As for the A/F ratio, Findley reports seeing 10:1 rich of peak at takeoff, about the same at high-boost cruise, 11 to 12:1 at low-boost cruise, and 17:1 at lean of peak cruising.
When you’re the CEO of Lancair, guess what you race? For Bob Wolstenholme this meant a new Legacy; it had 65 hours on it at Reno and was fitted with some trick parts, along with the usual small teething problems common to all new airplanes.
Dominating Bob Wolstenholme’s engine compartment was this bundle-of-snakes exhaust under his Continental 550. Creative thinking is the norm on this new Legacy racer, but small issues kept the effort 27 mph behind the other Lancairs.
The 3-inch SCAT tubing arcing from behind the firewall up to the canopy are Bob Wolstenholme’s charge-cooling ducts, which exit via the reverse scoops seen on the side of the canopy frame. We have no word if the tactic is successful, as the team was chasing other issues at Reno.
Fitted with the expected IO-550 Continental, Wolstenholme’s Legacy was purchased by him as a partially-built project and has been worked on in fits and starts as his hectic schedule allows. It was actually at Reno in 2012 as a static display, but didn’t fly thanks partially to rather abrupt handling characteristics. Test pilot Len Fox found accelerated stalls at 4 G quickly turned into snap rolls—not a good idea at Reno where high Gs, wake turbulence, and low altitude make unintended acro a poor idea.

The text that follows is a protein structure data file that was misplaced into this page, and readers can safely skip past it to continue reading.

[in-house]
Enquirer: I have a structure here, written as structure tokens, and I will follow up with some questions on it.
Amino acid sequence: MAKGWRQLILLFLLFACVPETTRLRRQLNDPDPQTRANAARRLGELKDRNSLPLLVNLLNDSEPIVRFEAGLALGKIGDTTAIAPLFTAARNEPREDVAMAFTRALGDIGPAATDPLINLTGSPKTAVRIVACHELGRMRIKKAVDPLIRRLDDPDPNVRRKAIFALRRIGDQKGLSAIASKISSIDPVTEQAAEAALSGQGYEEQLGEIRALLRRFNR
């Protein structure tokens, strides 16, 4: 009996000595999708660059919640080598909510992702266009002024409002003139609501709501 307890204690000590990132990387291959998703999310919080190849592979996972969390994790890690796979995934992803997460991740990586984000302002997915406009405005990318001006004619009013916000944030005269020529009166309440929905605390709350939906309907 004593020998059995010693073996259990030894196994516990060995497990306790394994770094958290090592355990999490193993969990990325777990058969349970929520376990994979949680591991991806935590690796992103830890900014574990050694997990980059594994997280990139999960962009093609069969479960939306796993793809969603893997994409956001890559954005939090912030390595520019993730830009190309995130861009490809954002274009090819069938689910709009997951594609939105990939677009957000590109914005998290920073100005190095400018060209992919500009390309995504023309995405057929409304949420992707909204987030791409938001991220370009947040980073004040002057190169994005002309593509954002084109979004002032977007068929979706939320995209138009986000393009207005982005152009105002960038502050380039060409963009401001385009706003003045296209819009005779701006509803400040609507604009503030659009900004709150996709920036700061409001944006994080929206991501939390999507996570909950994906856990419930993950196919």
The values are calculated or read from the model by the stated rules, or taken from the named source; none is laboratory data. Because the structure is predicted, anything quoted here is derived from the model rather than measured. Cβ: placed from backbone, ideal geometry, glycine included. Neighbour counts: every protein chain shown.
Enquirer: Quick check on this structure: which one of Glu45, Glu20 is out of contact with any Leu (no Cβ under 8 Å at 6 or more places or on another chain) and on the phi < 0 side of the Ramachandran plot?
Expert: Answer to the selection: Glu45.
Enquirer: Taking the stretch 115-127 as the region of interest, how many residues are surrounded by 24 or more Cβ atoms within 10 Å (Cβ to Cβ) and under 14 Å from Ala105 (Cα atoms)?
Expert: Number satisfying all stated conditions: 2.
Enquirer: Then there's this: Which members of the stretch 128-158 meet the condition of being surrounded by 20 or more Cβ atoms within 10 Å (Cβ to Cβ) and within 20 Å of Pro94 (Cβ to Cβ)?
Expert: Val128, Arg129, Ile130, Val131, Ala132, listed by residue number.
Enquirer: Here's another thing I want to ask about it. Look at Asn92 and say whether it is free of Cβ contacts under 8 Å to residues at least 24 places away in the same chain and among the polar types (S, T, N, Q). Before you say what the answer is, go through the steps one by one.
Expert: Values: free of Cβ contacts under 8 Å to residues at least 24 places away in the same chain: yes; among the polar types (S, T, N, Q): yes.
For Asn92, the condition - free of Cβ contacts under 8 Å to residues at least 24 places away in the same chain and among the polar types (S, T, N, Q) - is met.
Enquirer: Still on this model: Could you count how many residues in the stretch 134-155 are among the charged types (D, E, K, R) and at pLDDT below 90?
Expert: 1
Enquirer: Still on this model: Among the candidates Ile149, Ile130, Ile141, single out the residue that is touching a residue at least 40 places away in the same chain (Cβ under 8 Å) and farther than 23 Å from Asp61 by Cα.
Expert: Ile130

For 2013 Wolstenholme “took the wings apart and corrected some issues” and “got happy with the flight characteristics.” Then the plane went to finishing school at Cascade Aircraft Management in Caldwell, Idaho for 500 man-hours worth of interior, paint, and avionics. Still, it was new enough at Reno this year that it was fitted with ADI after qualifying.
Several items merit attention on Wolstenholme’s Legacy. All three gear legs are titanium, whittled out by another of Wolstenholme’s companies, WM Robots, for a 12-pound weight savings. The exhaust headers were equal length, even though they are feeding turbos, and there’s some innovative thinking about exhausting the charge cooler cooling air. Most Lancairs duct it out the lower cowling; Wolstenholme sends it out the canopy frame.